IAA archaeologists, in collaboration with Energean, have used the deep sea exploratory vessel, “Energean Star” to conduct a visual inspection of the wreck site. This has revealed hundreds of ceramic vessels on the seabed, and a muddy layer which likely conceals a second layer and the wooden beams of the ship.

Jacob Sharvit, Head of the Israel Antiquities Authority Marine Unit, explains, “The ship seems to have sunk in crisis, either due to a storm or to an attempted piracy attack – a well-known occurrence in the Late Bronze Age. This is both the first and the oldest ship found in the Eastern Mediterranean deep sea, ninety kilometres from the nearest shore.”

Image Credit : IAA

Only two other ships from this period have been found – the boat from Cape Gelidonya and the Uluburun boat; both found off the Turkish coast. Both ships were found near the shore, suggesting that shipping routes followed the coastline between ports. However, this new discovery changes the understanding of ancient marine trade, demonstrating that ancient shipping also extended into deep waters.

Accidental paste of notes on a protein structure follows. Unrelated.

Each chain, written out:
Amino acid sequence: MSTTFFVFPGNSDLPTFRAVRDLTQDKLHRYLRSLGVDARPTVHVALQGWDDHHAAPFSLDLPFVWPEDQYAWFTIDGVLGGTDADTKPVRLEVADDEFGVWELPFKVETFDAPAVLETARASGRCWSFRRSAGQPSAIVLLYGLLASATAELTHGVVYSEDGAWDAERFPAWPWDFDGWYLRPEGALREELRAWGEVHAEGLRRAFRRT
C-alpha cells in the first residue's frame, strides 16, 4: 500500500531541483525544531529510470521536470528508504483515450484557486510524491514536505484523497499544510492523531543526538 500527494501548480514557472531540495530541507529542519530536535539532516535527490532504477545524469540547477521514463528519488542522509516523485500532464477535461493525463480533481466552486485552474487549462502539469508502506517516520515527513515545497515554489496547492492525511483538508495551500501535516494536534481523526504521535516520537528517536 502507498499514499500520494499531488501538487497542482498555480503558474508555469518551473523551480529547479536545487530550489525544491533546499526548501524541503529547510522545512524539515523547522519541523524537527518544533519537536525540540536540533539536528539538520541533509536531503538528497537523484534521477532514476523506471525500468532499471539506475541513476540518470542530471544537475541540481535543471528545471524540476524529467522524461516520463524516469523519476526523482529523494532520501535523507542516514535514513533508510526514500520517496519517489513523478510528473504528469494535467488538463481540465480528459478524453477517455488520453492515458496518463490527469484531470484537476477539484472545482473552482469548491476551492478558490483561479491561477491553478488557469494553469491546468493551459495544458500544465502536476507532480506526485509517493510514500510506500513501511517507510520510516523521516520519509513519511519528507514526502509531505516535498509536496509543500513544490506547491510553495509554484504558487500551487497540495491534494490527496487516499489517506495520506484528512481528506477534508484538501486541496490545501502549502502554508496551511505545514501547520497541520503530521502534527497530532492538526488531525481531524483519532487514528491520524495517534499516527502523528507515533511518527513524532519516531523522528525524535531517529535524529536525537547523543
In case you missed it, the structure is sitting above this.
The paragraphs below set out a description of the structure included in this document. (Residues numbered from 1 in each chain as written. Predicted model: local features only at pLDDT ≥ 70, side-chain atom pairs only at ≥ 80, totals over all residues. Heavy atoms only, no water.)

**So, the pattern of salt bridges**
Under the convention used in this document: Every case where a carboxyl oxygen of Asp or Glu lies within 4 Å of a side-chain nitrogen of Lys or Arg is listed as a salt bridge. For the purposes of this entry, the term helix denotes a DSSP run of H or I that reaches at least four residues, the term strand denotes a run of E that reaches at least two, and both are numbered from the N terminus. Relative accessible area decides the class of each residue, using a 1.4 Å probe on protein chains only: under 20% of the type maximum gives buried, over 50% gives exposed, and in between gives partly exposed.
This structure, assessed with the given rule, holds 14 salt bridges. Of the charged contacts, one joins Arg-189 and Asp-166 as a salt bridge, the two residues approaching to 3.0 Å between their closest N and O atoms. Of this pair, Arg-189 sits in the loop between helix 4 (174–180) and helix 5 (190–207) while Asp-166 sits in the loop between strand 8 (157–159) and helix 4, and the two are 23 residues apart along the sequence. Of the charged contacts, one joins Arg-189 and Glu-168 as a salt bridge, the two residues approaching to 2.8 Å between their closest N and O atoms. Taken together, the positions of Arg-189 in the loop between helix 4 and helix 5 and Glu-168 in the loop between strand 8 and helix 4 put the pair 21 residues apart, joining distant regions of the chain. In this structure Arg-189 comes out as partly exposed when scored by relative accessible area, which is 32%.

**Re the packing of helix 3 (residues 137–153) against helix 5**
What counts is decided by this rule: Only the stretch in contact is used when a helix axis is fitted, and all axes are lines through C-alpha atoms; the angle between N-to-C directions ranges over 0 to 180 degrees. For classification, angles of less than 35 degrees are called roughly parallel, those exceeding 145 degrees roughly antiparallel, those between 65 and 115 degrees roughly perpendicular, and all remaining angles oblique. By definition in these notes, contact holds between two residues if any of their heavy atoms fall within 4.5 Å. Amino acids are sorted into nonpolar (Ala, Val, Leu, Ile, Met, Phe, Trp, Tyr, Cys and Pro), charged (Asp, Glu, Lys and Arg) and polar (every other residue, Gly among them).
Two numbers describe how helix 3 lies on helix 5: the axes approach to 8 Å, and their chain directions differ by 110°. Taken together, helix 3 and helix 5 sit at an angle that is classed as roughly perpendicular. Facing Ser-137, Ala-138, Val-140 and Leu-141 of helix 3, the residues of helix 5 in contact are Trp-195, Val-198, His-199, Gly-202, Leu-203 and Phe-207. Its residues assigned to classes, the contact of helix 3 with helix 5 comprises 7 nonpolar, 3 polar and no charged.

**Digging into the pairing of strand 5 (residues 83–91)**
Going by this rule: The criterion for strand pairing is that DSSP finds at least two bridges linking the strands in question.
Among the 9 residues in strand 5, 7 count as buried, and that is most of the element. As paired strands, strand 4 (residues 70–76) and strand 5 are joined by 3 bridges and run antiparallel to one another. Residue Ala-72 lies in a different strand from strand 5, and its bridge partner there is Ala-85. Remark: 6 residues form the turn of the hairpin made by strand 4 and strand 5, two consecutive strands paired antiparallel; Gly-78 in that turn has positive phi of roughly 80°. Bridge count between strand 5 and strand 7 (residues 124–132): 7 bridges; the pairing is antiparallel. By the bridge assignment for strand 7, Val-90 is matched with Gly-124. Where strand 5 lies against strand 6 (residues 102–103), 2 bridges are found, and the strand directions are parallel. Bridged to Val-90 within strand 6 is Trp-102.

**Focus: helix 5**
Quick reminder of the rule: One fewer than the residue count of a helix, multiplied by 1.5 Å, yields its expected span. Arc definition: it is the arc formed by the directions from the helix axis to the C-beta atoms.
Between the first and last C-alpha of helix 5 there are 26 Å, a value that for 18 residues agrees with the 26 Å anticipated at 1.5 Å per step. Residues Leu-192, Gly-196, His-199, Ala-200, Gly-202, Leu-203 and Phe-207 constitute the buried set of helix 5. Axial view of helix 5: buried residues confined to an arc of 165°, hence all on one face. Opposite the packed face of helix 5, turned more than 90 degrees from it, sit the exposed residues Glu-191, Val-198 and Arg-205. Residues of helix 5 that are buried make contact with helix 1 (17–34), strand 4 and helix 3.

“The ship is preserved at such a great depth that time has frozen since the moment of disaster – its body and contexts have not been disturbed by human hand (divers, fishermen, etc.); nor affected by waves and currents which do impact shipwrecks in shallower waters,” added Sharvit.

Header Image Credit : IAA

Sources : Israel Antiquities Authority

This content was originally published on www.heritagedaily.com – © 2023 – HeritageDaily